Seva is a Sanskrit term that means “service.” We are in a political time when we need full-on and present engagement in service. We need to be and stay woke. As I’ve mentioned before on the blog, we need to practice self-care in ways that serve others. For the purpose of this post, I want to focus on the latter part of that mission statement: serve others. What are some efficient ways to serve others, mobilize fellow 20-somethings, and contribute in effective ways while still holding down the one, two, or three jobs that most millennials have (plus, you know, grad school, yoga, and other hobbies)?
Call your representatives!
My roommate got me hooked on 5calls.org, which makes it extremely easy and user-friendly to make targeted phone calls and to log your engagement. This website runs the gamut of sociopolitical issues from legislation regarding climate change to education to immigration.
Volunteer for one organization.
In an effort not to spread yourself too thin to the point where you quit everything, choose just one organization that is involved in a cause you’re passionate about. Maybe that’s Planned Parenthood or the ACLU or a local tutoring program. Find out where they need volunteers the most, take out your planner or log onto GoogleCal, and schedule it in. Time is change-making currency, baby! (Pun intended.)
Donate when you can’t protest!
Recently, I made a rule for myself: for every mass protest I don’t show up for, I will donate to an organization that does the kind of work that protest is fighting for. Two weeks ago, I was unable to show up to airports to protest the ban. As I shared my guilt with my friend on the subway back from yoga, I took out my phone and donated to the ACLU. It took me less than two minutes. I am not saying that donating is the same as protesting! I am also not saying that we shouldn’t do both if we can! But, there are so many ways to be involved and engaged, and to make a contribution. Time and money are both forms of currency. I am going to try to use one when I cannot use the other.
Practice positive reinforcement: write thank-you notes.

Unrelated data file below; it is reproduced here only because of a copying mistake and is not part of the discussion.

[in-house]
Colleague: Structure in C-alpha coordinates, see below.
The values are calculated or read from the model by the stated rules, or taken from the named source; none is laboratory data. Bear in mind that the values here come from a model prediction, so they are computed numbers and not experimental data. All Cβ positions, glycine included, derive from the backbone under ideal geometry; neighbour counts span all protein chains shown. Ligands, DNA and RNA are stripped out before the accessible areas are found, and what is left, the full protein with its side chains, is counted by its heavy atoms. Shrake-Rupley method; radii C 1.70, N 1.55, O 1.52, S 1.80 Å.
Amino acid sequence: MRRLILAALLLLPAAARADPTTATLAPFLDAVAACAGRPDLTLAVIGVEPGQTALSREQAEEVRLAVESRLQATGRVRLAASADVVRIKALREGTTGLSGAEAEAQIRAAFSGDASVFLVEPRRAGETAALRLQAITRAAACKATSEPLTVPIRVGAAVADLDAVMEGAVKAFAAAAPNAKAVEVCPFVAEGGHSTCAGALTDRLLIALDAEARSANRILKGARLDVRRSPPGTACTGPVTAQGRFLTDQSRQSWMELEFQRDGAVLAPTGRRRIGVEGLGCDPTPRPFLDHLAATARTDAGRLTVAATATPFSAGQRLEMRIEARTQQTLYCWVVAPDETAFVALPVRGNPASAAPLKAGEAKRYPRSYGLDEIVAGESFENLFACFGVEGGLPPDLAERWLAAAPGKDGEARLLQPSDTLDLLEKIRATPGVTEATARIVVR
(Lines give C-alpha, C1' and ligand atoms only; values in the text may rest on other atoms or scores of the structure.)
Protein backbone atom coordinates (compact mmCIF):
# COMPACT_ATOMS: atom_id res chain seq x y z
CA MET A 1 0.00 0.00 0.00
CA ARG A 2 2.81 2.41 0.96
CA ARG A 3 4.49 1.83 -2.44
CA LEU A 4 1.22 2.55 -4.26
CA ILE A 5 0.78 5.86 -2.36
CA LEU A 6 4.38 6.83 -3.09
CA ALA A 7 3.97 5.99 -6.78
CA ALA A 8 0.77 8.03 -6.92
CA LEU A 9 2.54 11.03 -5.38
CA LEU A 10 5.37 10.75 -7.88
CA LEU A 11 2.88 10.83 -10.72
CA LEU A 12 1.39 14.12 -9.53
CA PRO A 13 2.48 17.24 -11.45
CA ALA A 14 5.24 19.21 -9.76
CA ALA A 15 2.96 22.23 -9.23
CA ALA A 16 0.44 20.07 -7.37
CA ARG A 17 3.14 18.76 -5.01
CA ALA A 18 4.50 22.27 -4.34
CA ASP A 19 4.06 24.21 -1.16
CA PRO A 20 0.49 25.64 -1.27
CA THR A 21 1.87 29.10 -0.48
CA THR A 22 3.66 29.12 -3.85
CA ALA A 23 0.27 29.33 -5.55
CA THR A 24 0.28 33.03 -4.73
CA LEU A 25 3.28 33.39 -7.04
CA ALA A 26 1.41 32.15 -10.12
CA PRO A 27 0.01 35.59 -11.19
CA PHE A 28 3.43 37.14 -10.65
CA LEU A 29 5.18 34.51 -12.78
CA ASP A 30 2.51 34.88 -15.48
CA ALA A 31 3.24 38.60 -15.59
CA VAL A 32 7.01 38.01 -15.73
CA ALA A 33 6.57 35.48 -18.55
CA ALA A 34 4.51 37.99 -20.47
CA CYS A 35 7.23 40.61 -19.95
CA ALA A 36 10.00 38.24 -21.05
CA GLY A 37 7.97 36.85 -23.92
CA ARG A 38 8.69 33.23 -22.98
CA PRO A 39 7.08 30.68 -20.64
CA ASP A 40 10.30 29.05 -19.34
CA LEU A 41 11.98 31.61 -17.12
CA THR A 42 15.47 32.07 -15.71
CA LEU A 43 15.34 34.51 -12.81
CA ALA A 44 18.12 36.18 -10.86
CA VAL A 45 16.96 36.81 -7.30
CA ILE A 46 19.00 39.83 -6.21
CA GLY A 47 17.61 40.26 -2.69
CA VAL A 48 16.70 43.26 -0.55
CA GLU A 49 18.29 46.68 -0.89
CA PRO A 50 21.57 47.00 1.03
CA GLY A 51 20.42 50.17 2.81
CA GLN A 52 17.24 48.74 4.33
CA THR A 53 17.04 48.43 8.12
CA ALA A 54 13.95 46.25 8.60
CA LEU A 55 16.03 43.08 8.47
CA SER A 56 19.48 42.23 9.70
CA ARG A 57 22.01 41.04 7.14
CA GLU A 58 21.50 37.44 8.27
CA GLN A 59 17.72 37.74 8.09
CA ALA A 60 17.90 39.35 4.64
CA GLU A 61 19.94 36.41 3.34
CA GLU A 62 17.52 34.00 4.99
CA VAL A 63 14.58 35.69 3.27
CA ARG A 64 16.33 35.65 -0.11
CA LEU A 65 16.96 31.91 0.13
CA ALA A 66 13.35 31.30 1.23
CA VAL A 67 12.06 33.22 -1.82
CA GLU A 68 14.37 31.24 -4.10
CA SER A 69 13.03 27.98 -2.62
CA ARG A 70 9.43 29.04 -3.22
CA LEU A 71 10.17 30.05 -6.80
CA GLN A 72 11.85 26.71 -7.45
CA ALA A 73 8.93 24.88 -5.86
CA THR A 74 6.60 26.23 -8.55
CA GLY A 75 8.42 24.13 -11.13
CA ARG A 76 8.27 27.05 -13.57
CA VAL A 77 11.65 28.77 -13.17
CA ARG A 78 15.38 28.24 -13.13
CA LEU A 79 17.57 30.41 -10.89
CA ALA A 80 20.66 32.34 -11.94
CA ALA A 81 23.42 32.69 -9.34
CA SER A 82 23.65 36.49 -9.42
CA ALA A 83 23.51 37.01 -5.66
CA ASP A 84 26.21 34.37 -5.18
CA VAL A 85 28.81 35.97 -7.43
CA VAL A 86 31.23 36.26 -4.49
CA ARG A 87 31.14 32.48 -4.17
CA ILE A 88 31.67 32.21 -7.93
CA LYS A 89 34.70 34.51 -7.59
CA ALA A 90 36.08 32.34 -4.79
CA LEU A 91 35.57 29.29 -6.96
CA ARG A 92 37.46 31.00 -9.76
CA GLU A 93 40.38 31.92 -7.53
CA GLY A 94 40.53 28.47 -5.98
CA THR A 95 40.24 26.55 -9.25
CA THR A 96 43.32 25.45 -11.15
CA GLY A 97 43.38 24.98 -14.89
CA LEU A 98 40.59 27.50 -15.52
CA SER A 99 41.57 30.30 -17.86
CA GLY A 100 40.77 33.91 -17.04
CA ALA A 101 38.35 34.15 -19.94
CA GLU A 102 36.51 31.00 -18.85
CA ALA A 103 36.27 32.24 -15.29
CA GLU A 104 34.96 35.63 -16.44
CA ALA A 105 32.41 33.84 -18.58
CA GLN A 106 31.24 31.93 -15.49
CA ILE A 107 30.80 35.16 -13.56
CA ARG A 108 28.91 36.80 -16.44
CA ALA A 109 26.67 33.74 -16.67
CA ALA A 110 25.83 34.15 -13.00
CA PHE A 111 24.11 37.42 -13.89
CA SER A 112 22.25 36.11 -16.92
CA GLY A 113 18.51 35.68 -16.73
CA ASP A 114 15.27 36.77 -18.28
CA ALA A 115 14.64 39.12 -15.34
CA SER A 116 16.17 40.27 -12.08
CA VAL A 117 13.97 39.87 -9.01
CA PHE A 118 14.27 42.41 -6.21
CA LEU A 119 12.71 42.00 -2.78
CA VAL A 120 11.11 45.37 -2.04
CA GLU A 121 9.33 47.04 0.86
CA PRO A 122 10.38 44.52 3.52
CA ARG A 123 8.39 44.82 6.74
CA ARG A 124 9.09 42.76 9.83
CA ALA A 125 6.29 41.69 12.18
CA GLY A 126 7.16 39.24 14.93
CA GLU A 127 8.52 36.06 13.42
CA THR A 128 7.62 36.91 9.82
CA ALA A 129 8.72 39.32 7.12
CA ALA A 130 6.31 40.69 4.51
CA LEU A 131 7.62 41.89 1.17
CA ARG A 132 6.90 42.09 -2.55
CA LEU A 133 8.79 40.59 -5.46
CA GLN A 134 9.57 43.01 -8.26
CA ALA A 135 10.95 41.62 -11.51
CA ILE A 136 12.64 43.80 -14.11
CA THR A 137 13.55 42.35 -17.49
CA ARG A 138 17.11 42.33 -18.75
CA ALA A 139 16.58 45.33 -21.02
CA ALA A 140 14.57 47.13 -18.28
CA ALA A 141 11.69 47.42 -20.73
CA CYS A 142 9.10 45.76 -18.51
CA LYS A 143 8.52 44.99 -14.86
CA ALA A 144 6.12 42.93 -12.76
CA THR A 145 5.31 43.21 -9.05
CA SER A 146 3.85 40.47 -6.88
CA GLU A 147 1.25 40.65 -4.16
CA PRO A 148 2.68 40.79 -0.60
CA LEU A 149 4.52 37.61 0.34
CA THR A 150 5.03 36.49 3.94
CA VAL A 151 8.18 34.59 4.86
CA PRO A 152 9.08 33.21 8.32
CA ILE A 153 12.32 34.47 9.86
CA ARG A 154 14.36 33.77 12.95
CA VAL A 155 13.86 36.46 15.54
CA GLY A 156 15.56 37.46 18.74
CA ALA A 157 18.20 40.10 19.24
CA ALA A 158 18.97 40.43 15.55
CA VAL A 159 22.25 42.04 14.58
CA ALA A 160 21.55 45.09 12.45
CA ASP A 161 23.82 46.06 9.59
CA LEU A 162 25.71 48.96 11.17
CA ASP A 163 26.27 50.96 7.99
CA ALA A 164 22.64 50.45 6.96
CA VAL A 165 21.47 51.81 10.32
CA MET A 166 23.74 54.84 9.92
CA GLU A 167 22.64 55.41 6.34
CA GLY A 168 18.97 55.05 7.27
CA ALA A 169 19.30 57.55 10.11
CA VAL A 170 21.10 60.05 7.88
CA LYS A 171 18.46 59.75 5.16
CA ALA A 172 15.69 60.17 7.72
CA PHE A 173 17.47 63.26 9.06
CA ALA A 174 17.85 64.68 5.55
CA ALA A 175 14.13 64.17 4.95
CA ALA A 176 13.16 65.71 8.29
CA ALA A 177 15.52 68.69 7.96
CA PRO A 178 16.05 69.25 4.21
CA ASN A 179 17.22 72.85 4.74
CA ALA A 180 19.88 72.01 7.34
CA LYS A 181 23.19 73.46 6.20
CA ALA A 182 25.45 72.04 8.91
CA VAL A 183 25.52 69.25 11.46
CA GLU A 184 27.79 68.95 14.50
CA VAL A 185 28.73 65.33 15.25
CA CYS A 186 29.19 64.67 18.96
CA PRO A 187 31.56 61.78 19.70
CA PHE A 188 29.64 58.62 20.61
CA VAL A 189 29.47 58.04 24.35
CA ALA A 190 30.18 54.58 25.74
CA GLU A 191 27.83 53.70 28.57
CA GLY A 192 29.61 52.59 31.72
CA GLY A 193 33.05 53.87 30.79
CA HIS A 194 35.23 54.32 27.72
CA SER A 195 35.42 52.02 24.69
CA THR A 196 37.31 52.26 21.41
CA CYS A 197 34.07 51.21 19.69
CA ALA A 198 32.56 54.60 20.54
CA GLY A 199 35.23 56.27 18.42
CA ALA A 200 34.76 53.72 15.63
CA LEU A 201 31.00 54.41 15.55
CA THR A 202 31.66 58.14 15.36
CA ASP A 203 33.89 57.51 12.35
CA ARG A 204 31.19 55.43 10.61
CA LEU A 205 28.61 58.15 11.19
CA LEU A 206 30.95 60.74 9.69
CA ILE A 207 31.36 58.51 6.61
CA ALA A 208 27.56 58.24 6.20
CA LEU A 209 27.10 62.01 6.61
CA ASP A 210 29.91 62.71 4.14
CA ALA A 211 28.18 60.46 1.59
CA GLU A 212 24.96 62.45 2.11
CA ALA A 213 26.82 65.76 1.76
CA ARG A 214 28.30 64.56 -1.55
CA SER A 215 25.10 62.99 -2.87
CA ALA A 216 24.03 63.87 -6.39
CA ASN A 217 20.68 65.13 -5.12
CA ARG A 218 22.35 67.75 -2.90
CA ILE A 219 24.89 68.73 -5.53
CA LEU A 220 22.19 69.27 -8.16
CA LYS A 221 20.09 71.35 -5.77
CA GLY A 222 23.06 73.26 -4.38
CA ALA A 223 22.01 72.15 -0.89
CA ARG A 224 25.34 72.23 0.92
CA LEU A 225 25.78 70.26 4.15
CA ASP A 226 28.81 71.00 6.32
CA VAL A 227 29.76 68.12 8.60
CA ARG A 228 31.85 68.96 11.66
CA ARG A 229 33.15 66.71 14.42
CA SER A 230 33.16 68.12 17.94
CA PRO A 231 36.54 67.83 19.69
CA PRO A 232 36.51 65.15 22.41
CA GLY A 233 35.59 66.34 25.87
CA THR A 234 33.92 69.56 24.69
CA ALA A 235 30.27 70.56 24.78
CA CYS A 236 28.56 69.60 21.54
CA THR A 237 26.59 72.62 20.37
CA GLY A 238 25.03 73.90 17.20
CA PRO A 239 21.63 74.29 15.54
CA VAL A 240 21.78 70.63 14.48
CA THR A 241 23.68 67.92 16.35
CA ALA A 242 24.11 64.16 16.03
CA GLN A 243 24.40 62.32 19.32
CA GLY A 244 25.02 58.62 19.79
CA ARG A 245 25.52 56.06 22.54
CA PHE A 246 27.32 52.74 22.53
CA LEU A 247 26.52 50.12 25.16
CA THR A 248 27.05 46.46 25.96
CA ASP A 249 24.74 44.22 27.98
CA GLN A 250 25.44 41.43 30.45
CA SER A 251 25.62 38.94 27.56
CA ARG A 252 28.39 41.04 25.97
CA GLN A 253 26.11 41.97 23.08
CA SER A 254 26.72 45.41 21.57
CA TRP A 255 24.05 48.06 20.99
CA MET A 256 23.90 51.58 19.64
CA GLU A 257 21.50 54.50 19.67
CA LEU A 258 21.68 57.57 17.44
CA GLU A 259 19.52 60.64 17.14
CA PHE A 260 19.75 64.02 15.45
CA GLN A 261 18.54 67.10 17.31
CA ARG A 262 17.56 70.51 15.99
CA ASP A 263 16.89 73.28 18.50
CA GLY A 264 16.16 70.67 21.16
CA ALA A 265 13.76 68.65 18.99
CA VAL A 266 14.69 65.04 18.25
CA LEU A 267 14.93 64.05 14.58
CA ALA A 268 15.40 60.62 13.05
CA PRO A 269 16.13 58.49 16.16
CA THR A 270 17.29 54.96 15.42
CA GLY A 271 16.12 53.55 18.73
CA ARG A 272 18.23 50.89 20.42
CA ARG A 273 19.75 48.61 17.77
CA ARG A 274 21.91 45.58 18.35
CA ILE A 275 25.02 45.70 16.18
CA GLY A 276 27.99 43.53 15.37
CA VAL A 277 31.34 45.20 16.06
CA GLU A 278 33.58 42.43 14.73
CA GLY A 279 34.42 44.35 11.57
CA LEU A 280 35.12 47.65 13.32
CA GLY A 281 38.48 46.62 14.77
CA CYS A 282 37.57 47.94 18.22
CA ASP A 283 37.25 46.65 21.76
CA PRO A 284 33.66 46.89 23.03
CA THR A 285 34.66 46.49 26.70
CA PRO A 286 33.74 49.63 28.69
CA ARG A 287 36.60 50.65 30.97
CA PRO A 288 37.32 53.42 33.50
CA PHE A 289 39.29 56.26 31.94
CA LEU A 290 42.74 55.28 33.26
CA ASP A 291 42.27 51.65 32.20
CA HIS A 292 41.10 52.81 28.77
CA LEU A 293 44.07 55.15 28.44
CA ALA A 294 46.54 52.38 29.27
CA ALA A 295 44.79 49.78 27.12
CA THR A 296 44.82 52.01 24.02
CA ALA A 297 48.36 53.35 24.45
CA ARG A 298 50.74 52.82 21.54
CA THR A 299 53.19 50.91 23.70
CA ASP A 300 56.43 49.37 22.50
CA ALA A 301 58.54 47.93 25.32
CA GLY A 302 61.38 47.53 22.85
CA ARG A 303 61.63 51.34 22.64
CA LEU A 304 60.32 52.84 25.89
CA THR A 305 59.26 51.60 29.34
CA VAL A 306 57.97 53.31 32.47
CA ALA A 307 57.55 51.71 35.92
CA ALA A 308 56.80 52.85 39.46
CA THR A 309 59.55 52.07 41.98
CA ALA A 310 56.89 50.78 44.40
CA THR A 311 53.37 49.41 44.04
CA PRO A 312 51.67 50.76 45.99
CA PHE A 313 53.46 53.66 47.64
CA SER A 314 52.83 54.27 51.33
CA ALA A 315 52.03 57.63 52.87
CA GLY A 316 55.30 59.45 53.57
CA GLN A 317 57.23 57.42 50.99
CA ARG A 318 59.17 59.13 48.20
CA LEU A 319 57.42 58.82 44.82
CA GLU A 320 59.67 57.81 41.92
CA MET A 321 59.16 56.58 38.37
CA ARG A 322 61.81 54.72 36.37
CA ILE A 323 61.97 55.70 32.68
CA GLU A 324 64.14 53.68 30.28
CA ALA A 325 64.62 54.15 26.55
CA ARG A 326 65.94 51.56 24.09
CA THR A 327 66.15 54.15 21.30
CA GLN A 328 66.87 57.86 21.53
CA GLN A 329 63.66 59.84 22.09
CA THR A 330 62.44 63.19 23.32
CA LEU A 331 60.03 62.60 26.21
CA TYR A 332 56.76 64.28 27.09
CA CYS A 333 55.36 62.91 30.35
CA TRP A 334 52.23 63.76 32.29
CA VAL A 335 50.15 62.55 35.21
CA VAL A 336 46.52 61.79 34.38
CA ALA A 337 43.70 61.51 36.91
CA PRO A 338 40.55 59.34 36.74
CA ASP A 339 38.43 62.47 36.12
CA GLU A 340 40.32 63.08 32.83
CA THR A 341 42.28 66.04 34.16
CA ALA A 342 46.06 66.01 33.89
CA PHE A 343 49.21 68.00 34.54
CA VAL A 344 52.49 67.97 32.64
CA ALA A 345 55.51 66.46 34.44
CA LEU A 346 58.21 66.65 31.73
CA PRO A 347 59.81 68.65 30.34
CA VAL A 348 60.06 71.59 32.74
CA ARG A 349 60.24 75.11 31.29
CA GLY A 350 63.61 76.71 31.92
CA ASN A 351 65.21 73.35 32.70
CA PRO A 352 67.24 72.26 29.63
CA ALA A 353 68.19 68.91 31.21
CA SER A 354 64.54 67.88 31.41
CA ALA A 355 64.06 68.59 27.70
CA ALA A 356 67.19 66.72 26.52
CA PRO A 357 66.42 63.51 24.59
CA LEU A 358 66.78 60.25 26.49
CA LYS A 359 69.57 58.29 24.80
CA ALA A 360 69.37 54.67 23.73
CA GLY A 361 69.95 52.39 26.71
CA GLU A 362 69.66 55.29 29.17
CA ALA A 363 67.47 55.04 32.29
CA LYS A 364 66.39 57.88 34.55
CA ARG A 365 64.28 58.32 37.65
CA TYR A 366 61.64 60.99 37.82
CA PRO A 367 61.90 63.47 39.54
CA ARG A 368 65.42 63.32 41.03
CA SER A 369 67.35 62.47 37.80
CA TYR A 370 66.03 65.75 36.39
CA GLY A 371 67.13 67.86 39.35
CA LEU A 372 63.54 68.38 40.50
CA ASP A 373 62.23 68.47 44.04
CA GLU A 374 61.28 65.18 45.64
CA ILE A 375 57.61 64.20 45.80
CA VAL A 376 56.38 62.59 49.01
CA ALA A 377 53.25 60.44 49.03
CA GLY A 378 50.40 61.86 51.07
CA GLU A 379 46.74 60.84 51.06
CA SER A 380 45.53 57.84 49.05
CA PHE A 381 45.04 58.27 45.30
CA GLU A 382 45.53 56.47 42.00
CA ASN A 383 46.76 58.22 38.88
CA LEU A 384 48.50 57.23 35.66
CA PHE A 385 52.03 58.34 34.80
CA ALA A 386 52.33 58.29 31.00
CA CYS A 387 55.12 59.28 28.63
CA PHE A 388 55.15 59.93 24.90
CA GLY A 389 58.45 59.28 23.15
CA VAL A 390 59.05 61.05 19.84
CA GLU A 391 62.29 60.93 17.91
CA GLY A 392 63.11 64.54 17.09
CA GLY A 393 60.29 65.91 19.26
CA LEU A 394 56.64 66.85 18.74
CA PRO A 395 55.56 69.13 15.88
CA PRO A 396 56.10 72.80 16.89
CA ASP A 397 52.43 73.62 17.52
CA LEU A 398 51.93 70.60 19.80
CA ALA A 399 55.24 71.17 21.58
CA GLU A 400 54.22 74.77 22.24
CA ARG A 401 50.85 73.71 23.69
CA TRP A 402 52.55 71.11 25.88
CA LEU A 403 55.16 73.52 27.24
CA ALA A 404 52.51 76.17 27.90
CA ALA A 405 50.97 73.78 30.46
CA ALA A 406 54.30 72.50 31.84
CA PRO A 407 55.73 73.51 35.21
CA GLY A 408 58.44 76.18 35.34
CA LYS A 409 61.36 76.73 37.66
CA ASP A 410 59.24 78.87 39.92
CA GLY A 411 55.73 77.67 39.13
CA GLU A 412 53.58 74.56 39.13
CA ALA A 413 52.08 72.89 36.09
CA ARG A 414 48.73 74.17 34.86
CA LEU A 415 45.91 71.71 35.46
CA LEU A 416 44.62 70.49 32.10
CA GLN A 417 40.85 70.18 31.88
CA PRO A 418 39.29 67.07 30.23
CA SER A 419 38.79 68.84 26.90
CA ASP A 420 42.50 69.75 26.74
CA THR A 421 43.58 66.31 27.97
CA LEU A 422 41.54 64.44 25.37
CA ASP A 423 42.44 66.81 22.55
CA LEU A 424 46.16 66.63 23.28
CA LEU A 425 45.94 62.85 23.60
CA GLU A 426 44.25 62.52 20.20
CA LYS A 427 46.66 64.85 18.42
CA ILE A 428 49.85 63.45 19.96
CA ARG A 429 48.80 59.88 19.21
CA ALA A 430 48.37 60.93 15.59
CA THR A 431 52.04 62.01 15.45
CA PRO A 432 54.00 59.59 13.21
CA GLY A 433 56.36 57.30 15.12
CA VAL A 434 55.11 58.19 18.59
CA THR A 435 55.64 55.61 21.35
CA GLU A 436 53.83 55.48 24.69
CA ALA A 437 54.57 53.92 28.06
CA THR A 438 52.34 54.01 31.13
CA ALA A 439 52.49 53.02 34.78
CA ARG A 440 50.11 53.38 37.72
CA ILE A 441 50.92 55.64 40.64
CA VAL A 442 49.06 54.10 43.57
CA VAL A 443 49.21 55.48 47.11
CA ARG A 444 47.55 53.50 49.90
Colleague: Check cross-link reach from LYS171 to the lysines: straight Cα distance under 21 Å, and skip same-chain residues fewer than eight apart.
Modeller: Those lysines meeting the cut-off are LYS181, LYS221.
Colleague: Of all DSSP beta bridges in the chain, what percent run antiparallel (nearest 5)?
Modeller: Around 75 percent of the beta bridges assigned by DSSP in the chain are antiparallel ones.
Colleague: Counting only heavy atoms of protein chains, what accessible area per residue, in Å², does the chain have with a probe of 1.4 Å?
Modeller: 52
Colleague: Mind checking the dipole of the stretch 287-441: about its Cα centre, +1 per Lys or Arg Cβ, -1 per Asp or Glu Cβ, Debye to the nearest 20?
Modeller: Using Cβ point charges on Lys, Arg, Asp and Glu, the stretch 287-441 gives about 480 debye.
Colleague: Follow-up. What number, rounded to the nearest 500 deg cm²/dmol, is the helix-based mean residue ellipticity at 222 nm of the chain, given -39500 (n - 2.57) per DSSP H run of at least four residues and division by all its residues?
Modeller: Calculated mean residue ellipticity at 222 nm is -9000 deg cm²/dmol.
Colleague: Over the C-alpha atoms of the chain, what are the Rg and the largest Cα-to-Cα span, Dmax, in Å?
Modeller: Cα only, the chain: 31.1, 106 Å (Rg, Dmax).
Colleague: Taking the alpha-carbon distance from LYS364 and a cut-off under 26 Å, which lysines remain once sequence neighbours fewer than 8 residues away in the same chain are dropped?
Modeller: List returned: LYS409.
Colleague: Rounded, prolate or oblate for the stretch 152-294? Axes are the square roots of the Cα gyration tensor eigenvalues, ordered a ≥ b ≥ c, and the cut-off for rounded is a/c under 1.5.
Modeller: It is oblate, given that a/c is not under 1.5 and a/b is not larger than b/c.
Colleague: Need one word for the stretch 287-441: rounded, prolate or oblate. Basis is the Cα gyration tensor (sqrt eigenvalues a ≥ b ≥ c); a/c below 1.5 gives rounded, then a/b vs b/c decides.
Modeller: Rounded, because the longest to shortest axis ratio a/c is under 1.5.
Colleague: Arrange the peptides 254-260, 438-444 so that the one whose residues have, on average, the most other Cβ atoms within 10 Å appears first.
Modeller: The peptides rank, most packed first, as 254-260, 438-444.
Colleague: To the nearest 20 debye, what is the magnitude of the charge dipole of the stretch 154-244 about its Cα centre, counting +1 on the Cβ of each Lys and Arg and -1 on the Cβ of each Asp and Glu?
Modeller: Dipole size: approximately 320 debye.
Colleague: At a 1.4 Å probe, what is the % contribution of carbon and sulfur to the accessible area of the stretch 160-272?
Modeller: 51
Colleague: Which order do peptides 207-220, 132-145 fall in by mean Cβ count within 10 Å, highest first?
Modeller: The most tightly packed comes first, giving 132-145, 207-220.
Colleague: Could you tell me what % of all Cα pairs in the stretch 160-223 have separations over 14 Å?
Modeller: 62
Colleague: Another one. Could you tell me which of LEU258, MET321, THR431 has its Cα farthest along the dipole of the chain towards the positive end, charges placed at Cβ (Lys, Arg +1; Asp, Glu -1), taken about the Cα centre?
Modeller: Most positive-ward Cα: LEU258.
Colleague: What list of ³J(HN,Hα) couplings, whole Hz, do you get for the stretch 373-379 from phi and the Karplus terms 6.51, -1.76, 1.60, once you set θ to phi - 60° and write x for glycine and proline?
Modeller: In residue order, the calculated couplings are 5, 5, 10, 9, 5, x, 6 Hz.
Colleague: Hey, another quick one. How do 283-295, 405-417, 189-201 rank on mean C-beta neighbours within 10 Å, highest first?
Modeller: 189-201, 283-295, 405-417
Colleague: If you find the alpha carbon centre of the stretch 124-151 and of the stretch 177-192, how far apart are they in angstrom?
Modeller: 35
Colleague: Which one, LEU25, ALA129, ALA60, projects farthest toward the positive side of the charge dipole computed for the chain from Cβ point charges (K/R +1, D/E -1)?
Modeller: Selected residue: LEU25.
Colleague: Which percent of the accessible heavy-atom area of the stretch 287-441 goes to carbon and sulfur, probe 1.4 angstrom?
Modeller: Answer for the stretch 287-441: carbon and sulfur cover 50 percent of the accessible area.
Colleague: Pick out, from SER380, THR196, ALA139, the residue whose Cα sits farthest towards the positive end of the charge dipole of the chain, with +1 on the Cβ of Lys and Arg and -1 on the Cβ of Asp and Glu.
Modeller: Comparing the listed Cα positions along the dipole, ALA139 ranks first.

This is my third year of teaching elementary school. In elementary school (and many of the classes I take in graduate school as well), we talk a lot about the idea of positive reinforcement. The psychology blog Very Well defines this age-old field-tested concept,
In operant conditioning, positive reinforcement involves the addition of a reinforcing stimulus following a behavior that makes it more likely that the behavior will occur again in the future. When a favorable outcome, event, or reward occurs after an action, that particular response or behavior will be strengthened.
Thank the people who are doing good work. Thank them genuinely – because you really appreciate what they’re doing – but also thank them because you want to encourage them to continue doing the good work that they’re doing. Finally (as if you need more reasons to intentionally say “thank you”), it shifts everyone’s mind to the positive, which is so important…especially if you’re making a lot of phone calls or going to a lot of protests to get legislation changed. My roommate is writing thank-you letters to her representatives that stick out to her as speaking out against the administration in productive ways. I wrote an email to my principal thanking her for broadcasting immigration stories on the announcements. The possibilities are varied, and bottom line: taking this action is refueling!
Which one of these are you going to do today? Let’s get to work!